There maybe trouble ahead if ‘high risk’ transport plans come forward

The rail union, RMT has revealed that the Government may bring forward the start of the mass transport mobilisation and the lifting of COVID-19 restrictions. RMT is aware that the Government has requested the industry to be ready to begin a last minute mobilisation to accommodate an increase in passenger numbers from Monday 11th May – in reaction to the Prime Ministers expected briefing to the nation on Sunday.

The move is said to overrule a planning document sent to the unions by the Rail Industry Coronavirus Forum, a rail industry and trade union body established to put in place arrangements to protect passengers and workers, which said the industry had only put in place services and arrangements to protect passengers and workers from a “not high” increase in passenger numbers at a later date.


RMT General Secretary, Mick Cash said:

“We have it on good authority that the rail network has been put on notice to begin a last minute mobilisation to accommodate an increase in passenger numbers from Monday. This is earlier than expected and completely contradicts assurances sent to us that the rail industry had only put in place services and arrangements to protect passengers and workers from a “not high” increase in passenger numbers at a later date.

“To overrule the rail industry like this is a complete breach in faith of the trade union and rail industry discussions. It is also a high risk strategy and RMT is deeply concerned that rushed political considerations could well override the safety issues for staff and passengers alike.

RMT will not compromise on the health, safety and livelihoods of our members and we will not agree to anything that fails to put the safety of staff and passengers first. If that means advising our members not to work under conditions that are unsafe and in breach of the government’s and industry’s own guidelines then that is exactly what we will do.”

On Mayday, 1st May, ASLEF, RMT and TSSA trade unions announced they had written a joint letter to the Prime Minister saying that they would only support re-opening of the rail network if safety comes first for both staff and passengers.

In the Agreement, social distancing underpins any increase in services. To enable such a “ramping up” of rail services, activities include:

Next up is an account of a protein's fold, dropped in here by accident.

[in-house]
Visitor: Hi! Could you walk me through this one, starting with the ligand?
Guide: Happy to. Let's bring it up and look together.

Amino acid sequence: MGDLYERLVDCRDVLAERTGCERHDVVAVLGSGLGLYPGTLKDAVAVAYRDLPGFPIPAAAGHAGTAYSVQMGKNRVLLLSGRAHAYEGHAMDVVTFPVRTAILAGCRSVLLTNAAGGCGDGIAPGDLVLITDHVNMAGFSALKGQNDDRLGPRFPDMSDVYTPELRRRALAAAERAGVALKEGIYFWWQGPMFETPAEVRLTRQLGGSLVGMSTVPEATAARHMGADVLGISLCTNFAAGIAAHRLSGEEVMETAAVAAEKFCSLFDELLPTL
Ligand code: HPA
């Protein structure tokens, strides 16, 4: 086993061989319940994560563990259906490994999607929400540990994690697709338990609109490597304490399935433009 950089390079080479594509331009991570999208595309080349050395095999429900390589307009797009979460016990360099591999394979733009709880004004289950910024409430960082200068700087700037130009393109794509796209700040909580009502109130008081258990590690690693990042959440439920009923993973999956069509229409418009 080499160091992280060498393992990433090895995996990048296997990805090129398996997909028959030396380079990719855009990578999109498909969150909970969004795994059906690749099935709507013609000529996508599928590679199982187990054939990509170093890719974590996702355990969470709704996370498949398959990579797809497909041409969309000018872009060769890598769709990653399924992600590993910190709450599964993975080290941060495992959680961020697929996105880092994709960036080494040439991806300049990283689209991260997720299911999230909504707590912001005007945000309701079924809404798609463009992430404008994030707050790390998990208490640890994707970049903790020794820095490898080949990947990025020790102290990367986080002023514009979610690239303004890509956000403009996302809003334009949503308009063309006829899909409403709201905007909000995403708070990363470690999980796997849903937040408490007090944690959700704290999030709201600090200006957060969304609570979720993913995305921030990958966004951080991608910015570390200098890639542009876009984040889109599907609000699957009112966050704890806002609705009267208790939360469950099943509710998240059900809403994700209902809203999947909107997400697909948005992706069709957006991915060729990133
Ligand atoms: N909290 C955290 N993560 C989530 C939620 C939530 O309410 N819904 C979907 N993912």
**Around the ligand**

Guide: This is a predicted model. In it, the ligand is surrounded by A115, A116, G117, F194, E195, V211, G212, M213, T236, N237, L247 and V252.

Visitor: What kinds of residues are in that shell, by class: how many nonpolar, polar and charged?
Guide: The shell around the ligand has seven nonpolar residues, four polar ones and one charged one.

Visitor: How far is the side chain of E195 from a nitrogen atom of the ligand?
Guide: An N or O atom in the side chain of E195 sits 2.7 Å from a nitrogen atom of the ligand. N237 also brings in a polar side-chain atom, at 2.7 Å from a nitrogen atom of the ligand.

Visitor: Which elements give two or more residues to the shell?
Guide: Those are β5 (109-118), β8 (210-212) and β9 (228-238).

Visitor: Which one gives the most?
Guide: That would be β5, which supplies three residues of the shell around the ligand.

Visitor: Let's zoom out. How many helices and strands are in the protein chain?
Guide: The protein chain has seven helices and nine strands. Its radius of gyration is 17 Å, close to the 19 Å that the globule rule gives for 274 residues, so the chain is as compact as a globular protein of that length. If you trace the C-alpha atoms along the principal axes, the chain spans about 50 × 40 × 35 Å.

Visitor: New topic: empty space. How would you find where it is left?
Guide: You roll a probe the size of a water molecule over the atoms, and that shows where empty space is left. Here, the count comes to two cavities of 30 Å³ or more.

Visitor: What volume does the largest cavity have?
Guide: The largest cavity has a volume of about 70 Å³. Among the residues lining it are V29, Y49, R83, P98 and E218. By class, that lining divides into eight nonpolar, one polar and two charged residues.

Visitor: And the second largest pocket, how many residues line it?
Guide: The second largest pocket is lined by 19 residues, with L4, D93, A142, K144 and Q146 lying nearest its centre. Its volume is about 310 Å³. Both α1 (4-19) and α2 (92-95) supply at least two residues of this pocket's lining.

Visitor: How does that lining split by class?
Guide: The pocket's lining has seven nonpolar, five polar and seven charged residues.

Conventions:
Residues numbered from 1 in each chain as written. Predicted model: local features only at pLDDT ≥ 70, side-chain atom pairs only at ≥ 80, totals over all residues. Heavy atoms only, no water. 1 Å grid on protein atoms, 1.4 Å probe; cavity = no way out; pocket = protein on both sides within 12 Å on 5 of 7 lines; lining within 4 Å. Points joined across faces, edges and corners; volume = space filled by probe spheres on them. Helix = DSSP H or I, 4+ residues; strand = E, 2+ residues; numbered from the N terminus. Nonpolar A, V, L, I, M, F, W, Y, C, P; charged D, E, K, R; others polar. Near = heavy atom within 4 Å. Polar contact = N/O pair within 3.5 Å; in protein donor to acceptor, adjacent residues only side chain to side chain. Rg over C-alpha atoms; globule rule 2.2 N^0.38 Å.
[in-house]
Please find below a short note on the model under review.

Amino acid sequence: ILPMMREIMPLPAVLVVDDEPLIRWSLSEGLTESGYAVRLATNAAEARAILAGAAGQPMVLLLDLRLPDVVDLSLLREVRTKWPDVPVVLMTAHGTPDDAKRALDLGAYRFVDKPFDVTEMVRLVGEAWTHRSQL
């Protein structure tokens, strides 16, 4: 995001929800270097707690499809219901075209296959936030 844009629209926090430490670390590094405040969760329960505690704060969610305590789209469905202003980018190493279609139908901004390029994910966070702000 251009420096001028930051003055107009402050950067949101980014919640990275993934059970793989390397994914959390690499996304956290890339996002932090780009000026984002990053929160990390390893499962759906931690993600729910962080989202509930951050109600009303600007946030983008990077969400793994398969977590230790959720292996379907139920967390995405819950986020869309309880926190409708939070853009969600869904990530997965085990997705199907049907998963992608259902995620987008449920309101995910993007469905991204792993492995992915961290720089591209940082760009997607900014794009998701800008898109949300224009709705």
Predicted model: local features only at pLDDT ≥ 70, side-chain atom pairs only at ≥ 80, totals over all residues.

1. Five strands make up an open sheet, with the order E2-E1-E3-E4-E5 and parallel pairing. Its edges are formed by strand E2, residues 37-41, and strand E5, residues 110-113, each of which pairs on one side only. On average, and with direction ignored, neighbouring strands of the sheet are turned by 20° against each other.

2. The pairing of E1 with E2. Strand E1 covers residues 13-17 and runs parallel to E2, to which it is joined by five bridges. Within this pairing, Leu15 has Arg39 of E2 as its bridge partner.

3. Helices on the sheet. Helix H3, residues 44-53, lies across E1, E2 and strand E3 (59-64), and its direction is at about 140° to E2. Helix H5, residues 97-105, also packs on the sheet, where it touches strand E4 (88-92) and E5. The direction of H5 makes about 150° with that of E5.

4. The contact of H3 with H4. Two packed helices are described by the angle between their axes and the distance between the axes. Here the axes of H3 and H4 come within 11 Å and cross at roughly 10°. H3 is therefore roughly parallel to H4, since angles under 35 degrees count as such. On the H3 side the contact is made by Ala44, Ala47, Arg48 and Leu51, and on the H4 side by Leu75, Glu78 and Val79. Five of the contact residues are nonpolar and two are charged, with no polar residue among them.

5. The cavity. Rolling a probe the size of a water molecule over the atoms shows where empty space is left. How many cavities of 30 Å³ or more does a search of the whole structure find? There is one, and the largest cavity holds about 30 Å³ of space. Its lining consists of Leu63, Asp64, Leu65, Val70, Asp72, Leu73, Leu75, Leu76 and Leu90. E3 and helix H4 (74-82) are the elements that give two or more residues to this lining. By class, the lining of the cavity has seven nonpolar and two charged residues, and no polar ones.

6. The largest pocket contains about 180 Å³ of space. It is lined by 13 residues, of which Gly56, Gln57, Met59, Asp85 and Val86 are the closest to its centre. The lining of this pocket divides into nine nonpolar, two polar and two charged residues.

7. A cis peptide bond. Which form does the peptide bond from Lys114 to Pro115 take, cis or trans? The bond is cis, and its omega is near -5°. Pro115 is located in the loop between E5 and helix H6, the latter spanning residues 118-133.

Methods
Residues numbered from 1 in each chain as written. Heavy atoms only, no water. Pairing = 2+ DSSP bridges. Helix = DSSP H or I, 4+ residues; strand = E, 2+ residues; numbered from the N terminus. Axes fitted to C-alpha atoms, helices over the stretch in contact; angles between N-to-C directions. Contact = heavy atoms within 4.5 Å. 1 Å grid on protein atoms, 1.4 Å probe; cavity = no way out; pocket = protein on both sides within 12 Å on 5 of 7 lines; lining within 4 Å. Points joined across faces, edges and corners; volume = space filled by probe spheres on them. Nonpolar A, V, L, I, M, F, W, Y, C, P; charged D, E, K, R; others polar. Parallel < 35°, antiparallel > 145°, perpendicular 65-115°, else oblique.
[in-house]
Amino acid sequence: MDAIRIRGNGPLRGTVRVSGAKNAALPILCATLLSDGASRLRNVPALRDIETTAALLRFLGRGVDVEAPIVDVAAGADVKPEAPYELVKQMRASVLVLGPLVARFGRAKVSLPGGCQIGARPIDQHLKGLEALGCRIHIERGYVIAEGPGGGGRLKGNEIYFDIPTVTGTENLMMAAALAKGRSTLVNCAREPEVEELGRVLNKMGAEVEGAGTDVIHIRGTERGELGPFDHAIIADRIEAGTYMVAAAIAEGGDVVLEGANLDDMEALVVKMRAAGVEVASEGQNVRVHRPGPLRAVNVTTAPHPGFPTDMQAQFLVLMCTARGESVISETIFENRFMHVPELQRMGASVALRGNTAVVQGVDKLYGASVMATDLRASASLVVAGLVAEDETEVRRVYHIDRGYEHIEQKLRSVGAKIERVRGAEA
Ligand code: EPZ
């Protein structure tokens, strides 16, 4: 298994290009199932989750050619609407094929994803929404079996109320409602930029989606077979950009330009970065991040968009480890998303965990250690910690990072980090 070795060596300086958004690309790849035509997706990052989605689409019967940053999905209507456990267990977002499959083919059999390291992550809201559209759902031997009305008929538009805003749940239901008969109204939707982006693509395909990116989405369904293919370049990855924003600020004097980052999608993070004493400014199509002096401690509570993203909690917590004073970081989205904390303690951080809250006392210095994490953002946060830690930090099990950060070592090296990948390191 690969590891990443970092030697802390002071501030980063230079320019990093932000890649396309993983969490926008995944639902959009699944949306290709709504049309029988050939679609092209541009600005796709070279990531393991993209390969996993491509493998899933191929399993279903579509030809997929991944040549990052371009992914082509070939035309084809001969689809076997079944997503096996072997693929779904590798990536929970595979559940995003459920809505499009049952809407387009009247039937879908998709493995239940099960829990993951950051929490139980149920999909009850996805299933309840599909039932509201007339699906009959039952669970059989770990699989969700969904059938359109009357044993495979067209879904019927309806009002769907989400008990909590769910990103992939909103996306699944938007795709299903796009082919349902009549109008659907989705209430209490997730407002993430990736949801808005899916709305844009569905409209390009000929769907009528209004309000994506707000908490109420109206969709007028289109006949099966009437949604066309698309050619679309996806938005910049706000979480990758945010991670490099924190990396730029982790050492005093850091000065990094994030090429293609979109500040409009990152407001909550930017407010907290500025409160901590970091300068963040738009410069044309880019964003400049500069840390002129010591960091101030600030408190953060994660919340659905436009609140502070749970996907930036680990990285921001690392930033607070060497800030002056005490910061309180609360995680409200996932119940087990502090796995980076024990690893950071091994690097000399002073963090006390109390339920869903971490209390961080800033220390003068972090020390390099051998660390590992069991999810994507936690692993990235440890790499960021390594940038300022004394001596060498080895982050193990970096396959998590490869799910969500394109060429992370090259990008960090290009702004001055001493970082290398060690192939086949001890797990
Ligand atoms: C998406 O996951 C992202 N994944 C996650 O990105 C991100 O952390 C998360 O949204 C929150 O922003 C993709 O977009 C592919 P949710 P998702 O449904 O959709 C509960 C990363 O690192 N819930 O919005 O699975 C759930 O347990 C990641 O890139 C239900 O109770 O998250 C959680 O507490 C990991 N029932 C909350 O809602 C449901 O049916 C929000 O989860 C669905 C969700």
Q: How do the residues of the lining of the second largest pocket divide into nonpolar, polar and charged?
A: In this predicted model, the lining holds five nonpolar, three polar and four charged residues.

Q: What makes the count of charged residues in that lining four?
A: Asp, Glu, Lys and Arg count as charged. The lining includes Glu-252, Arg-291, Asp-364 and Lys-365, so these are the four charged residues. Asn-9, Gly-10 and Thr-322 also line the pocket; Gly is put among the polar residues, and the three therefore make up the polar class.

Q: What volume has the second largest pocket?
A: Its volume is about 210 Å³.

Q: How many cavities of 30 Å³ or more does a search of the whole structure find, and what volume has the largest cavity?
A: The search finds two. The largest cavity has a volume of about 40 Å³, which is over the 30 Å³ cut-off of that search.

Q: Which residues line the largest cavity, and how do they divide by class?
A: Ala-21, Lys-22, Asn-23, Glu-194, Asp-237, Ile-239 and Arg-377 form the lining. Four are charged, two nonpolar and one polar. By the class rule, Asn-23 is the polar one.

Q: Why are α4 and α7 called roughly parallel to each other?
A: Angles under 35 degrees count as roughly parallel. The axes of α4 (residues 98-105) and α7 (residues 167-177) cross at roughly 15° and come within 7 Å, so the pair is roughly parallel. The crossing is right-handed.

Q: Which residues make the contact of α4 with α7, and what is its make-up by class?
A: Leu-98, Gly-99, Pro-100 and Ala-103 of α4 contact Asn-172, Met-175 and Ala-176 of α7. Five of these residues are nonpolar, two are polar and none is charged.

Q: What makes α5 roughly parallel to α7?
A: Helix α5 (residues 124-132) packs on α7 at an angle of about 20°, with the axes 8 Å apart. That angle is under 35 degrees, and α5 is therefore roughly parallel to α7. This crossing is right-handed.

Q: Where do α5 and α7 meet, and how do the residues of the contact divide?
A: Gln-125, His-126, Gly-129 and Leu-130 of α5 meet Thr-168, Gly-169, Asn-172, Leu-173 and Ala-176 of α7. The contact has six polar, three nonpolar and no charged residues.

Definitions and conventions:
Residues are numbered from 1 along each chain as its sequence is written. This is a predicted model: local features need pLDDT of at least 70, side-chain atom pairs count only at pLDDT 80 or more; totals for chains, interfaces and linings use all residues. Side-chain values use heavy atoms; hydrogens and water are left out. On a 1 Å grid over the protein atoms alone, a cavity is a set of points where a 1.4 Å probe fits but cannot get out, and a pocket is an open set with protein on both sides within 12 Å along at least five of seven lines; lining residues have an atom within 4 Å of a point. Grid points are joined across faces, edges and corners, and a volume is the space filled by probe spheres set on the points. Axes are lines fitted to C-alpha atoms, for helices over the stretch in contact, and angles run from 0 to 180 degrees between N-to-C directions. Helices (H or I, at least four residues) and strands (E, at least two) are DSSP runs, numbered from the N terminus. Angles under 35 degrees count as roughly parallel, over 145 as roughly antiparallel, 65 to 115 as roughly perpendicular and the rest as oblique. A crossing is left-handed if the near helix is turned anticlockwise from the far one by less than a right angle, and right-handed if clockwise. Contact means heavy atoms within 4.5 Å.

• the management of passenger flows in stations
  • train maintenance
  • ticket sales
  • revenue protection activities

Manuel Cortes, TSSA General Secretary, said: “What has become clear to our union is that some employers have failed to take their health and safety obligations and responsibilities seriously. Consequently, our members have been exposed to additional risk, some have contracted the disease, and sadly some have died as a result. We do not and will not tolerate employers playing fast and loose with our members’ lives, and we have taken action including the involvement of appropriate authorities, a theme repeated in this document.

“This is a landmark agreement. We believe that if employers observe the provisions of the Social Distancing Principles Agreement, the risks to our members will be minimised. It simply must be followed in every workplace.”

Unite the union represents over 7,800 members in the rail sector who primarily work in maintenance, control rooms, cleaning and catering roles and without whom the service would not be able to run. 

Unite is concerned that rail employers work with it to ensure that worker and passenger safety are paramount.

National and London rail use has dropped dramatically during lockdown falling to 5%

Unite national officer for rail, Harish Patel said

“It is essential that employers work step by step with Unite to increase capacity, to restore passenger confidence and keep the travelling public and the workforce safe.

“This must be based on full risk assessments being undertaken and their findings then being properly applied.

“If employers do not follow a safety first approach and workers believe their health is in imminent danger, we will fully support them in their decision to stop work including when this means members removing themselves to a place where the threat to their safety no longer exists.”

The railway industry currently states that in line with government advice, “you should only be travelling if you are a key worker or it is essential for you to do so.”

Furthermore, if you do need to travel you should “always practise social distancing.”

As the song goes, there maybe trouble ahead.

‘There maybe trouble ahead’

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